Nigeria, where activists say "the al
worst outbreak of lead poison- ity,
ing in modern history" has taken for
place.

At least 400 children have the
died since March 2010, and tha
thousands more continue to be ria
exposed to dangerously high lev-
els of lead, said Human Rights
Watch researcher Jane Cohen.
The children are being
exposed while processing ore in
these informal mines not owned
by any company, or when their
miner relatives return home
covered with lead dust. The chil-
dren's food and surroundings
also have been contaminated .
when people crush and grind
rocks at home to extract the ore.
SALVADOR, Brazil
Standoff between
Brazilian troops,
police continues
About 300 striking police offi-
cers and their relatives held out
yesterday as soldiers blockaded
a state legislature building in
northeastern Brazil, and pub-
lic worker, leaders threatened
a strike in Rio de Janeiro that
could threaten the world's larg-
est Carnival celebration.
About 1,000 soldiers and offi-
cers from an elite federal police
unit ringed the legislature in the
Bahia state capital of Salvador,
Brazil's third-largest city with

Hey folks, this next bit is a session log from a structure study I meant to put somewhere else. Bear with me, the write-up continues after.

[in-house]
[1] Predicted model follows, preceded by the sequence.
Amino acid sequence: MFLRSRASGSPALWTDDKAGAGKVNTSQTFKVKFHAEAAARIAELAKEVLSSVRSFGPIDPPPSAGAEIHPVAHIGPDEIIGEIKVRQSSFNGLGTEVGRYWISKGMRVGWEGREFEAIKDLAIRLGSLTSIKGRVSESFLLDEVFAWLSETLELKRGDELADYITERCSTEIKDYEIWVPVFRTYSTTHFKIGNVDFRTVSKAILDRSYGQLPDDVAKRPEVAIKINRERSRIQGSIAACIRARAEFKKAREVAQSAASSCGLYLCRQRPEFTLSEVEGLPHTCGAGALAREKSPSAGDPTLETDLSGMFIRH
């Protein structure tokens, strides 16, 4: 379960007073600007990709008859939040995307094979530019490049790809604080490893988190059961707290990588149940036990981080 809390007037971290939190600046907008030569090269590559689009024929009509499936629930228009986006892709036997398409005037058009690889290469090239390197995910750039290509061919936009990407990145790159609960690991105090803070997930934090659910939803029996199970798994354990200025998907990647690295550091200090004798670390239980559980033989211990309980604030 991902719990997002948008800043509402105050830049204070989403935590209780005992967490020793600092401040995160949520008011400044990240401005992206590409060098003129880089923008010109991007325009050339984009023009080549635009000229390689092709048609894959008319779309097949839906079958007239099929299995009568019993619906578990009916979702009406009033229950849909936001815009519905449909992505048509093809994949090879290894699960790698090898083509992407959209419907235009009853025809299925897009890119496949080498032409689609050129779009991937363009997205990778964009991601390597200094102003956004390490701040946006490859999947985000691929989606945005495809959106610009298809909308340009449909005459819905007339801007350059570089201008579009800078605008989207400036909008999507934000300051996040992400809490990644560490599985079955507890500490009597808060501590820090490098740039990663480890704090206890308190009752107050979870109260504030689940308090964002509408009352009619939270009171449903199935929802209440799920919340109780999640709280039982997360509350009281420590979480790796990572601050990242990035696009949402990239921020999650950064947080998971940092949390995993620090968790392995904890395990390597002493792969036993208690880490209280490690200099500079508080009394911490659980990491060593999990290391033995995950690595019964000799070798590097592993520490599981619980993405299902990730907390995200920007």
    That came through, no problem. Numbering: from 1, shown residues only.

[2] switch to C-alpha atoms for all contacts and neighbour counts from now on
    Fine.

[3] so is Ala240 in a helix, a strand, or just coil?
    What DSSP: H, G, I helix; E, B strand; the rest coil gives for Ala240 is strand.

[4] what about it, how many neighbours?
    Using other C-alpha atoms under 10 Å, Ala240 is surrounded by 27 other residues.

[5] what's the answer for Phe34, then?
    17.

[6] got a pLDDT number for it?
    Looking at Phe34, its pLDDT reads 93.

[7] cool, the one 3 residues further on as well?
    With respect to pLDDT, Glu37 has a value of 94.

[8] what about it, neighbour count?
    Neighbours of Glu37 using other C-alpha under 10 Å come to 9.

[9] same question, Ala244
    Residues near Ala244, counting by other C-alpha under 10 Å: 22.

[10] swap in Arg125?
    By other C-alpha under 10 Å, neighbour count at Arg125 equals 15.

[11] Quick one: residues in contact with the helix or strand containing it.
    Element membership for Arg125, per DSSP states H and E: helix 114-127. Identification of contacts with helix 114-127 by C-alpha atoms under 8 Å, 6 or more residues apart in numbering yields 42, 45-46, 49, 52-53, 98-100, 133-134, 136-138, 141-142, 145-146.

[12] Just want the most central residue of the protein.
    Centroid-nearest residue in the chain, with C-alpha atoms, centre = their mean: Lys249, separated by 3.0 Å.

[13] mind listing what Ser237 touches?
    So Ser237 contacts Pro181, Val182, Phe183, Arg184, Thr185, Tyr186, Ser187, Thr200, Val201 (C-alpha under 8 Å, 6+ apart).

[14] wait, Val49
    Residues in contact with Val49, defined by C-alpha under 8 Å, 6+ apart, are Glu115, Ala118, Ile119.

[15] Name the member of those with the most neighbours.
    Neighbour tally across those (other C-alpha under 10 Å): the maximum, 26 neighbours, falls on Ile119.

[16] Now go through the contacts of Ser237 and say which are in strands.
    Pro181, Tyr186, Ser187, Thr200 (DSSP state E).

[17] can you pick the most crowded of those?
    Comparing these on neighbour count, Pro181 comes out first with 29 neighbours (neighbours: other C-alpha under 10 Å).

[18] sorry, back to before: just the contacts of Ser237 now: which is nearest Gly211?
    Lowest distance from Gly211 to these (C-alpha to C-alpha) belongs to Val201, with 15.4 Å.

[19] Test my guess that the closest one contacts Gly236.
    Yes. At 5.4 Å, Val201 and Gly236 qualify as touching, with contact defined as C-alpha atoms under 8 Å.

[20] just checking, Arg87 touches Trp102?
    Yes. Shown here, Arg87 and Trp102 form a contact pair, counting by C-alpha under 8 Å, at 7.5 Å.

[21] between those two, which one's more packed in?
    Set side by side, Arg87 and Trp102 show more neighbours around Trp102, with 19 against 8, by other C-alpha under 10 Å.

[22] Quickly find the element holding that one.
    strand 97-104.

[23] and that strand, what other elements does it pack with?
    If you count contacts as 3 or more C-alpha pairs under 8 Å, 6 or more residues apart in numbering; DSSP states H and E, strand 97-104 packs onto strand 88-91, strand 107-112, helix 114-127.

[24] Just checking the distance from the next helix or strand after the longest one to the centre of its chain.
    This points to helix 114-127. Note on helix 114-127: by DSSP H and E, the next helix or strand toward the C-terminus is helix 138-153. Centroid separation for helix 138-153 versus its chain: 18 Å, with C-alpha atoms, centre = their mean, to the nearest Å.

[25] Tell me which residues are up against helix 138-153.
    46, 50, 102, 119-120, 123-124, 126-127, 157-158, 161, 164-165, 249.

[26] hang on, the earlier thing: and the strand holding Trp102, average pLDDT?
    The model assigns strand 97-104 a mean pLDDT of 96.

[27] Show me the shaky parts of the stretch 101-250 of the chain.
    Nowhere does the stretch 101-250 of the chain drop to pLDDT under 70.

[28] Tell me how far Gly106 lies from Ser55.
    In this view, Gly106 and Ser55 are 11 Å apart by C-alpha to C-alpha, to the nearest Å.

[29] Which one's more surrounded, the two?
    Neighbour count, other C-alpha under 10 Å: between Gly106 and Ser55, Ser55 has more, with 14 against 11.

2.7 million people and a sched-
uled host for matches during the
2014 World Cup.
Negotiations failed to end the
strike in Salvador, officials said,
and authorities in Rio de Janeiro
also were preparing for police
discontent there.
a-Compiled from
L Daily mire reports

m

Wednesday, February 8, 2012 - 3A

Santorum regains
momentum with
three-state sweep

rtners Elen Pontac, left, and Shelly Bailes, right, of Davis, who have been married since June 16, 2008, hug Tina Reyn-
Ids, center as they watch the ruling of Proposition 8 at Cornerstone Restaurant at Headhunters in Sacramento, Calif..
Federal appeals court rules
Prop. 8 unnstitutional

Former senator
romps in Minn.,
Col, .and Mo.
WASHINGTON (AP) - A
resurgent Rick Santorum
won Republican presidential
caucuses in Minnesota and
Colorado on yesterday night,
a stunning sweep that raised
fresh questions about front-
runner Mitt Romney's appeal